As representatives of states meet on October 29-30 for the Second Global Forum on Migration and Development (GFMD), we call on our fellow migrants, migrant advocates and supporters to join the genuine voice of migrants as we say “No to GFMD!”

The GFMD is a device created by First World countries and international financial institutions (IFIs) like the World Bank to corner the remittances, borne by the blood, sweat and tears of migrants, and use it in funding for the “development” of poor countries. It is being used to sell neoliberal anti-poverty financing strategy that relies on the remittances of migrant workers. 

The false notion of “migration for development” that the GFMD peddles further promotes the systematic exploitation of cheap labor. It is meant to capture the remittances of migrants to ensure super profits of bank monopolies and ensure that debt-ridden economies have enough reserves to pay off debts, especially amid the raging financial crisis. The GFMD thrives on the poverty of Third World countries and forces them to institutionalize migration policies. Clearly, the agenda and framework of the GFMD reveals that what is in store is greater commodification of migrant labor, and greater exploitation and miseries of migrant workers.

The GFMD holds more significance this year because it is being hosted by the Arroyo regime in the Philippines. The Arroyo regime is the nightmare ofoverseas Filipino workers (OFWs). No other regime has bled the OFWs dry with enormous exactions from fees to charges to taxes. It has duped OFWs to part with their earnings in collusion with big business, illegal recruiters, traffickers and racketeers, and in utter disregard of the abuses and violations of migrants’ rights. It is currently riding high on the phenomenal increase in dollar remittances even as OFWs continue to reel from the falling value of their dollars.

It is time to expose that the GFMD is a predatory scheme that does not address the root causes of underdevelopment and the massive migration of poor people, much less consider the harsh conditions and legitimate issues of migrant workers. The GFMD does not promote the development of poor countries but pushes them deeper into the quagmire of poverty.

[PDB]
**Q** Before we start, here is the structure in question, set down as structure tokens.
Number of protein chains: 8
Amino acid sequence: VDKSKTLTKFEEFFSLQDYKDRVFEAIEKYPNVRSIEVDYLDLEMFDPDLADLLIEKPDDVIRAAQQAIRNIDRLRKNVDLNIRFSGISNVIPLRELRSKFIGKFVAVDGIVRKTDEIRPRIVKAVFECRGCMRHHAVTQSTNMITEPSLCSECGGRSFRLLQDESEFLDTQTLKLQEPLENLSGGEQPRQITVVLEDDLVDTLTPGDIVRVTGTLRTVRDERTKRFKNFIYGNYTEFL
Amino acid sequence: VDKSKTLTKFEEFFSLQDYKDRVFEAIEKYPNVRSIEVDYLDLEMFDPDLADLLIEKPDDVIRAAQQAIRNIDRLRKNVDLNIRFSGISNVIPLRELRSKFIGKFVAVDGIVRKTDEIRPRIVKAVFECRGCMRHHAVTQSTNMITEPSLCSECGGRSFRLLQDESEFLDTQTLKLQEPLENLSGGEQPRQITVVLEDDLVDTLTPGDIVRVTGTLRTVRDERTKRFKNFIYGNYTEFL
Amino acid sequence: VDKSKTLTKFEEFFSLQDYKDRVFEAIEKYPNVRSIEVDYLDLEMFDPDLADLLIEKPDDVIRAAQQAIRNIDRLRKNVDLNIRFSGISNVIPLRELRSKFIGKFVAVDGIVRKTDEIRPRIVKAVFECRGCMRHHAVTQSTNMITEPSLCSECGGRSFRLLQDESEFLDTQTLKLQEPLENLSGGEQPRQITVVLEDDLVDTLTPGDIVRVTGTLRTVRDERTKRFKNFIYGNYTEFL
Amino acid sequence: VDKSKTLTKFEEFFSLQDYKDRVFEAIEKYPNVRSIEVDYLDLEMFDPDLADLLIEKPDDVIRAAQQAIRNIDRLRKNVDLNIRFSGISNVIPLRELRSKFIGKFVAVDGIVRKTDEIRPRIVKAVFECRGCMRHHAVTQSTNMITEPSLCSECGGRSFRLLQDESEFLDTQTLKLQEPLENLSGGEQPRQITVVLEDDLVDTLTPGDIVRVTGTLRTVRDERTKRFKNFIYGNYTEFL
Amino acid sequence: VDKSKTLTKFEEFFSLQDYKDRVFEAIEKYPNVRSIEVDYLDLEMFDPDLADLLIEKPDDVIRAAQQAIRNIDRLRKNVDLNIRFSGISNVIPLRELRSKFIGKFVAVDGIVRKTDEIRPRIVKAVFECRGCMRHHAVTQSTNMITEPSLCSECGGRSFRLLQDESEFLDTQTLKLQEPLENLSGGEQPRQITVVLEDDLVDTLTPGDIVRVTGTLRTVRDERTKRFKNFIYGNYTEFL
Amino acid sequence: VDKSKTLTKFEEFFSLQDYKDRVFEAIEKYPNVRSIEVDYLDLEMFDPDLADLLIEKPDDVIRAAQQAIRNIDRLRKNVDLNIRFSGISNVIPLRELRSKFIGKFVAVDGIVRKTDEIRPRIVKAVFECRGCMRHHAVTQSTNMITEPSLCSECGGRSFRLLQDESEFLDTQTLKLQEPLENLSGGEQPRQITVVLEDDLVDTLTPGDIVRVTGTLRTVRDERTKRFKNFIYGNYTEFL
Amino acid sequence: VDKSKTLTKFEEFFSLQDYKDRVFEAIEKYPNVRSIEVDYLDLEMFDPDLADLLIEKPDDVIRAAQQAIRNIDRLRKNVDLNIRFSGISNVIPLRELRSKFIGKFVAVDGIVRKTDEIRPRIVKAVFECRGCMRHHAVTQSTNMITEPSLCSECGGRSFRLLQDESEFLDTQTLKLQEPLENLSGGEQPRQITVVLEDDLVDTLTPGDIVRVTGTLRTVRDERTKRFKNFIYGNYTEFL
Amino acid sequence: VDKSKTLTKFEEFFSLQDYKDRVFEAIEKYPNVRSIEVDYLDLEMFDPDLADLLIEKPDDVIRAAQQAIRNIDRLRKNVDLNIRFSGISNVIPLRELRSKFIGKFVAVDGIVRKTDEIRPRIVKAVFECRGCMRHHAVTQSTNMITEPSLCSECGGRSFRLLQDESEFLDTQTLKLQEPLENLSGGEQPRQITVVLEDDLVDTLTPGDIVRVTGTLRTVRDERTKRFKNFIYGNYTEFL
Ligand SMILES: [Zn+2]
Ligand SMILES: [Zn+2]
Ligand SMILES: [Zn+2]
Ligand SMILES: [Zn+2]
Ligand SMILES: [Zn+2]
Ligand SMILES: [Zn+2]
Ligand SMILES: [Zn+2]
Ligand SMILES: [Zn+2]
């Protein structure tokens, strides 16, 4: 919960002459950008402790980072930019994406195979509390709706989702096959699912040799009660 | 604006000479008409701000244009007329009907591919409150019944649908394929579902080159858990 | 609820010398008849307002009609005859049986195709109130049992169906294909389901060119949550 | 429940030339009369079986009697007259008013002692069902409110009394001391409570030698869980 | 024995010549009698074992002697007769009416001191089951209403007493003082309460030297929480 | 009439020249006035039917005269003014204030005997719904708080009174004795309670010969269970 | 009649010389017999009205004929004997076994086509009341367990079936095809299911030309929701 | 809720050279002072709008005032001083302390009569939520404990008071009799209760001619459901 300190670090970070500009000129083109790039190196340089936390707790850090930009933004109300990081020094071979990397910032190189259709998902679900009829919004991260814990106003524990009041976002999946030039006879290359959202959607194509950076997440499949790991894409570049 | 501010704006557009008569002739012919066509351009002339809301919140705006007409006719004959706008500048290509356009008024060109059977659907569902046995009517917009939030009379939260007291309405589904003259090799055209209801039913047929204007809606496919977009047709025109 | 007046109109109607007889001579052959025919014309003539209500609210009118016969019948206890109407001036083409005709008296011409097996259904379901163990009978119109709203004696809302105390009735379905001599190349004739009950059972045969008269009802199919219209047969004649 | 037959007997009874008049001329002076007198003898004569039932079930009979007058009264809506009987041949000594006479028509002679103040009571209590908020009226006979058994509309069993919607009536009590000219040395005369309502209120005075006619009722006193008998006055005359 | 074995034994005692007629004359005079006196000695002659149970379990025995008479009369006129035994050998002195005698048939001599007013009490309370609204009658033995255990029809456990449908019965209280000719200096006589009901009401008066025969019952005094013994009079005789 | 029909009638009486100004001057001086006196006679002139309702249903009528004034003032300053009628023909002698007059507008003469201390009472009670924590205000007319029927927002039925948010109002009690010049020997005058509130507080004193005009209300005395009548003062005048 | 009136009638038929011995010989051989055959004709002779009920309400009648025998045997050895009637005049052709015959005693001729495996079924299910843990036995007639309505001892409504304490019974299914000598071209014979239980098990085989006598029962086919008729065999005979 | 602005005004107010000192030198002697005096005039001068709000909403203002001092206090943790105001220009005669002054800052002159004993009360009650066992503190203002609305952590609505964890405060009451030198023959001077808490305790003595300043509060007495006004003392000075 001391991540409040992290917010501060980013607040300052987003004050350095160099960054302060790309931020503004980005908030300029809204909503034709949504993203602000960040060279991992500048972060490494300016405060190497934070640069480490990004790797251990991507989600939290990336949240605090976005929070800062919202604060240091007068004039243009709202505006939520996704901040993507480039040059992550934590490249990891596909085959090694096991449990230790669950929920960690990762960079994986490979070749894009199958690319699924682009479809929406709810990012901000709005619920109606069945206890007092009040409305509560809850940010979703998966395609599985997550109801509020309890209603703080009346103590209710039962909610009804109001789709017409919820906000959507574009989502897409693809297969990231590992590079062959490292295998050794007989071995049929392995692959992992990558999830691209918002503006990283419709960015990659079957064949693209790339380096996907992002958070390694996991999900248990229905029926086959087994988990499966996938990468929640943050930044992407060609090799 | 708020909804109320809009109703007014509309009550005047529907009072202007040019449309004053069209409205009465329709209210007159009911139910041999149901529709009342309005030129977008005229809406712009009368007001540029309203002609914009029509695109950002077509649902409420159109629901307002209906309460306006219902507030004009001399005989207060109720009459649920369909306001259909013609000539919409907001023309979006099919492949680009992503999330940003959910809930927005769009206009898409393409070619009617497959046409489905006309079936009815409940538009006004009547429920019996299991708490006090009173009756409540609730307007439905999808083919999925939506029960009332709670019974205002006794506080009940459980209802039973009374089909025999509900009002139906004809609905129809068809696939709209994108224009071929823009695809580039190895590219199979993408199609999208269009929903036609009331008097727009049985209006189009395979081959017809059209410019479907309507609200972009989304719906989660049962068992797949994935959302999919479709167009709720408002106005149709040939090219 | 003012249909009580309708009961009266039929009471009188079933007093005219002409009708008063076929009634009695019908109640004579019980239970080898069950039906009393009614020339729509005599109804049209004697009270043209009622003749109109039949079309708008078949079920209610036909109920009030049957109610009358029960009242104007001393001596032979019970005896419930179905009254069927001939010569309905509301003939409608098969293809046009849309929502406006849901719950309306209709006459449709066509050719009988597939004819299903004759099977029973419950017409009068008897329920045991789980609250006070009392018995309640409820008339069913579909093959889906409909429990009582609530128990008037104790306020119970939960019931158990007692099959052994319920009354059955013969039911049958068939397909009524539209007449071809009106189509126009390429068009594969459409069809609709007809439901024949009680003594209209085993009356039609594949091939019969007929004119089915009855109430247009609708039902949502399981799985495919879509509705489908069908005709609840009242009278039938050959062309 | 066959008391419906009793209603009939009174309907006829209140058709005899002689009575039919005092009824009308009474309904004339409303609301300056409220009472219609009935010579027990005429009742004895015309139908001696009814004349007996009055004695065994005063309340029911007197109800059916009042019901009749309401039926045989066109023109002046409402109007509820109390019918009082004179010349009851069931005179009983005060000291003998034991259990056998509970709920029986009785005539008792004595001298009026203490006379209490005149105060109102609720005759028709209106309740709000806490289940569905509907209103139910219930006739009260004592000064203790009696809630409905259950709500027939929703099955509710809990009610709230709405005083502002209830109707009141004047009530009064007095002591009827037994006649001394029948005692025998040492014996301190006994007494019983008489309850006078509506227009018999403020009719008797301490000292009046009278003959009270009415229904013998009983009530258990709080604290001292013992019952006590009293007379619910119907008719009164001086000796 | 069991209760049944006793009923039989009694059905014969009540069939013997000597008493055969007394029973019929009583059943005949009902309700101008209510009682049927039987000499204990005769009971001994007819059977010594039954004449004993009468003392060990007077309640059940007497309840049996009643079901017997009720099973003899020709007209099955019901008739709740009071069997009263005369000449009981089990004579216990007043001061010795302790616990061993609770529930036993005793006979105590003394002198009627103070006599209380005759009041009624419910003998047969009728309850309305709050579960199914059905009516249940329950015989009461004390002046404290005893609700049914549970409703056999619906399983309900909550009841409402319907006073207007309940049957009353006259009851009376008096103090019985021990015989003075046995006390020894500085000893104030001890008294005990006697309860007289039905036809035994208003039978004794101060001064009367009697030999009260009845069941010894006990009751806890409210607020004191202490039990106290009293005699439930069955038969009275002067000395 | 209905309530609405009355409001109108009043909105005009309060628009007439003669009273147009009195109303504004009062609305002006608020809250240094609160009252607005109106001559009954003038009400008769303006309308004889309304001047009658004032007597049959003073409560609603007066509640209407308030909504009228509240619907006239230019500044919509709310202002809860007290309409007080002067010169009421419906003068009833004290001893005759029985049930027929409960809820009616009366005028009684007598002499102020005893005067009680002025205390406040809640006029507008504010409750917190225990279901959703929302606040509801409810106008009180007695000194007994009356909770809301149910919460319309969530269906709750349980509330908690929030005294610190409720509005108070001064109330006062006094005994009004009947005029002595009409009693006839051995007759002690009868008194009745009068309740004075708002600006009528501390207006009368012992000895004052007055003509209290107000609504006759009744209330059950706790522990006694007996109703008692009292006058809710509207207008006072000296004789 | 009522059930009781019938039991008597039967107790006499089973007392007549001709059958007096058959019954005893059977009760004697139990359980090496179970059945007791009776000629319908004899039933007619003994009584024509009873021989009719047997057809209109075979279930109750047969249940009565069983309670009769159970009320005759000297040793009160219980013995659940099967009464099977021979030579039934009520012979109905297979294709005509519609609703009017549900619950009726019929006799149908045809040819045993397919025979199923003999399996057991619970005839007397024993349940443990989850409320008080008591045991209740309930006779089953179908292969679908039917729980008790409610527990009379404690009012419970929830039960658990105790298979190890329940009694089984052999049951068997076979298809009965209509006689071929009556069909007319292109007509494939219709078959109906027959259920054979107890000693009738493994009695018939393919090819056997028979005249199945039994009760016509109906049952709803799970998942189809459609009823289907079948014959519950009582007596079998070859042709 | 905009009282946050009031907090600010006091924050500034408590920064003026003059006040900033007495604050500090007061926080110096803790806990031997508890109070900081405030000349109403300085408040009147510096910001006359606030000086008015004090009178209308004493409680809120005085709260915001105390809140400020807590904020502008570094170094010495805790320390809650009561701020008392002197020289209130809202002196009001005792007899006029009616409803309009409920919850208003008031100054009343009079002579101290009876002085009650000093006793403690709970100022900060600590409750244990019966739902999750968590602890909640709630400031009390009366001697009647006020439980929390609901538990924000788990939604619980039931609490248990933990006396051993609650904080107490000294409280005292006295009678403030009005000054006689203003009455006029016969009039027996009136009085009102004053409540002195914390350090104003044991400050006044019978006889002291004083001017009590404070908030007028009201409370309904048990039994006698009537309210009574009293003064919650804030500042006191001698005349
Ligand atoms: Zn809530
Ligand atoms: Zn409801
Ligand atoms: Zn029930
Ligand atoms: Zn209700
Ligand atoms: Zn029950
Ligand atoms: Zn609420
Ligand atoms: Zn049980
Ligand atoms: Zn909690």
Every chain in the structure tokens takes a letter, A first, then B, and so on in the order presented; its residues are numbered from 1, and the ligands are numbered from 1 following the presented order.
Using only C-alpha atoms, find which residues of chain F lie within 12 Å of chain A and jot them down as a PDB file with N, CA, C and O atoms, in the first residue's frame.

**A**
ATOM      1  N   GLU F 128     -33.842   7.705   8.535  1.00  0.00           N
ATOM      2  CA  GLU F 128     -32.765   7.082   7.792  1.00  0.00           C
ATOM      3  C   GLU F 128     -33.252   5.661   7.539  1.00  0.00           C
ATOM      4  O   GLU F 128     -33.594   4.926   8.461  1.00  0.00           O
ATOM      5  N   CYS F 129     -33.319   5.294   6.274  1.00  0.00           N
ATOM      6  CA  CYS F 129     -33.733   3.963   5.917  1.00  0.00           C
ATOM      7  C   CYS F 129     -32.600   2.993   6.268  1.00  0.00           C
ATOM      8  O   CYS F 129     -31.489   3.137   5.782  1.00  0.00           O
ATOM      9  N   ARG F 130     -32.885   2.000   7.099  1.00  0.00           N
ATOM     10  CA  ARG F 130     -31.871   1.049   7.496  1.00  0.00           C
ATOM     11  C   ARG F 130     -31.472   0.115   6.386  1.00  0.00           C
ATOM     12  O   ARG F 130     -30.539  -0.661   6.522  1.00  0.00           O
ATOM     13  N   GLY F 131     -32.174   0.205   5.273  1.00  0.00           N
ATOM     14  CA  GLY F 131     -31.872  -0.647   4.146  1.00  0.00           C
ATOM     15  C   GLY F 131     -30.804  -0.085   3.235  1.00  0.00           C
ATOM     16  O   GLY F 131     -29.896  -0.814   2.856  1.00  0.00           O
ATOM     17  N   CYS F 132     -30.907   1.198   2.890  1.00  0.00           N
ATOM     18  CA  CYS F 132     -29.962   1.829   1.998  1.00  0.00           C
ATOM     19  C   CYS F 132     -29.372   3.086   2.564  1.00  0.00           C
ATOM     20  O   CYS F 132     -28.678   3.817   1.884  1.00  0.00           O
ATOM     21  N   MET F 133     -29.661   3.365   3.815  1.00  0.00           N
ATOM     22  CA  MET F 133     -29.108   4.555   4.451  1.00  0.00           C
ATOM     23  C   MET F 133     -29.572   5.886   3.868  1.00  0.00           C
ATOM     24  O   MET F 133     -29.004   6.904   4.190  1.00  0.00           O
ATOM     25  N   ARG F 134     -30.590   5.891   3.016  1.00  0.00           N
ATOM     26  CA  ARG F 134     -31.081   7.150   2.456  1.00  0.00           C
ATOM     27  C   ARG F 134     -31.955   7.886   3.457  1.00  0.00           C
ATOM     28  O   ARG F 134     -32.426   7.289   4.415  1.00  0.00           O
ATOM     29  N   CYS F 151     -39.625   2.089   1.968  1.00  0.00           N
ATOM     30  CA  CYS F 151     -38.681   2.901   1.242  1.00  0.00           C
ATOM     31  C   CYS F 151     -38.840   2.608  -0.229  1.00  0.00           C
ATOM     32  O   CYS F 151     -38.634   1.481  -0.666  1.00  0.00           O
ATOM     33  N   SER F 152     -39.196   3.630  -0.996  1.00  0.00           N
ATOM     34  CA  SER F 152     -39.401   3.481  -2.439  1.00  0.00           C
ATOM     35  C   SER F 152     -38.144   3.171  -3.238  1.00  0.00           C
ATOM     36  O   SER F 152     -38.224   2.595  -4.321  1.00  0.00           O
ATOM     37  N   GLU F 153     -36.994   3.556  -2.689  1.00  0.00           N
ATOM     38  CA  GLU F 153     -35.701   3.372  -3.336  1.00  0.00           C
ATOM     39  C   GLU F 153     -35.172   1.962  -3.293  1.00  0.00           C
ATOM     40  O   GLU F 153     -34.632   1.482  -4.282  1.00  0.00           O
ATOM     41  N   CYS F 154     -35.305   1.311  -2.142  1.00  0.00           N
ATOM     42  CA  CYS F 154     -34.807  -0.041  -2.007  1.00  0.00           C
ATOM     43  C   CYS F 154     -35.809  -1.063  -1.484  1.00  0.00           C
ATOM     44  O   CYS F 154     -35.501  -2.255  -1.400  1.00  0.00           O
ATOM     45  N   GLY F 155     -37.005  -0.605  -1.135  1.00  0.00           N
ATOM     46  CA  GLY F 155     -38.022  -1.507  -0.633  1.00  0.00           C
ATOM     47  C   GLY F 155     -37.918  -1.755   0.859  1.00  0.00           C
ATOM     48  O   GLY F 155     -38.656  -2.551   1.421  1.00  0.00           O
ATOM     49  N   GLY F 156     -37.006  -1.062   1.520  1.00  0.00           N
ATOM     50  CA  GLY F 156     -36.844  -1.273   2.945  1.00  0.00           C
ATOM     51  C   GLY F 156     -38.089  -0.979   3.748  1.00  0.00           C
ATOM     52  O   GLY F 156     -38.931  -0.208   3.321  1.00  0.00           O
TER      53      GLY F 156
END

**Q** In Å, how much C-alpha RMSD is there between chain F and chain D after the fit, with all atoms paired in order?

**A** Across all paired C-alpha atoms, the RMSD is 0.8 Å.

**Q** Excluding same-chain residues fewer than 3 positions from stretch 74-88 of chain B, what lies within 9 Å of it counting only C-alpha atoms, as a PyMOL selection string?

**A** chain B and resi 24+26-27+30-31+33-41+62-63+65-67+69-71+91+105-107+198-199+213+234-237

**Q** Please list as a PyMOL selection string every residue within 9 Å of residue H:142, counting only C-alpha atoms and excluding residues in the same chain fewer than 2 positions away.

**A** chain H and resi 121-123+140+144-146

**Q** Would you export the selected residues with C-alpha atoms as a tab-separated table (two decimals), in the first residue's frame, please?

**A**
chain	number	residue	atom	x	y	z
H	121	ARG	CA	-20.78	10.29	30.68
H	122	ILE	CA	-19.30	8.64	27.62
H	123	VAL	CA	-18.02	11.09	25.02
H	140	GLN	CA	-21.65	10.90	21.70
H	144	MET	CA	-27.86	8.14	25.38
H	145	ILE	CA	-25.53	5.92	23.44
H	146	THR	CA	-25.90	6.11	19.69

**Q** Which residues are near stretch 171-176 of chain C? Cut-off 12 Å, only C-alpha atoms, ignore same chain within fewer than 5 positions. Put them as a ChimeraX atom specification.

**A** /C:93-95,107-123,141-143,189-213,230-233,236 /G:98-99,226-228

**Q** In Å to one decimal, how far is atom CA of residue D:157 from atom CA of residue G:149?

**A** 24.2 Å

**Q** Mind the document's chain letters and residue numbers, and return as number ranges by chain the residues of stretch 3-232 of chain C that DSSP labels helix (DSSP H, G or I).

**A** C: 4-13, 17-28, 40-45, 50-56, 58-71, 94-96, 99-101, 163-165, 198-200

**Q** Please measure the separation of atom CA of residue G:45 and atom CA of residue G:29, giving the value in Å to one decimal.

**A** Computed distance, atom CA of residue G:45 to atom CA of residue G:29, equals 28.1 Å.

The GFMD is a sham assembly that talks about migrants but deliberately excludes the migrants themselves. It talks about the protection of migrants but in reality violates our rights. First World countries, IFIs, banks, businesses, and governments of poor countries– which have profited immensely and unscrupulously from our hard labor– are the same institutions that are behind the GFMD. After years of neglect, abuse and exploitation, it is time that the genuine voice of the migrants be heard: No to GFMD! No to labor export policy! No to forced migration! Create jobs at home! End poverty! Defend and advance our rights!




Data from the April 2008 Labor Force Survey (LFS) shows that one in five employed workers reported that they were seeking more work because they were not earning enough for their and their families’ needs, according to research group IBON Foundation.

The April LFS showed that the underemployment rate, or the percentage of employed workers who said they were looking for more work, grew to 6.6 million workers during the survey period, from 6.4 million in the same period last year. More significantly, the growth was in those considered ‘invisibly’ underemployed, or those who already worked 40 hours or more a week.

This means that many wage and salary workers employed in the formal sector do not earn enough for their needs. These figures could even be understated, according to IBON, since only those surveyed who reported that they were seeking more work were classified as “underemployed”.

An earlier IBON study had shown that even after a recent round of wage hikes, adjusted daily minimum wages were still not enough to cover the basic cost of living. In its April survey, IBON reported that 71% of Filipinos was not earning enough to meet their families’ basic needs.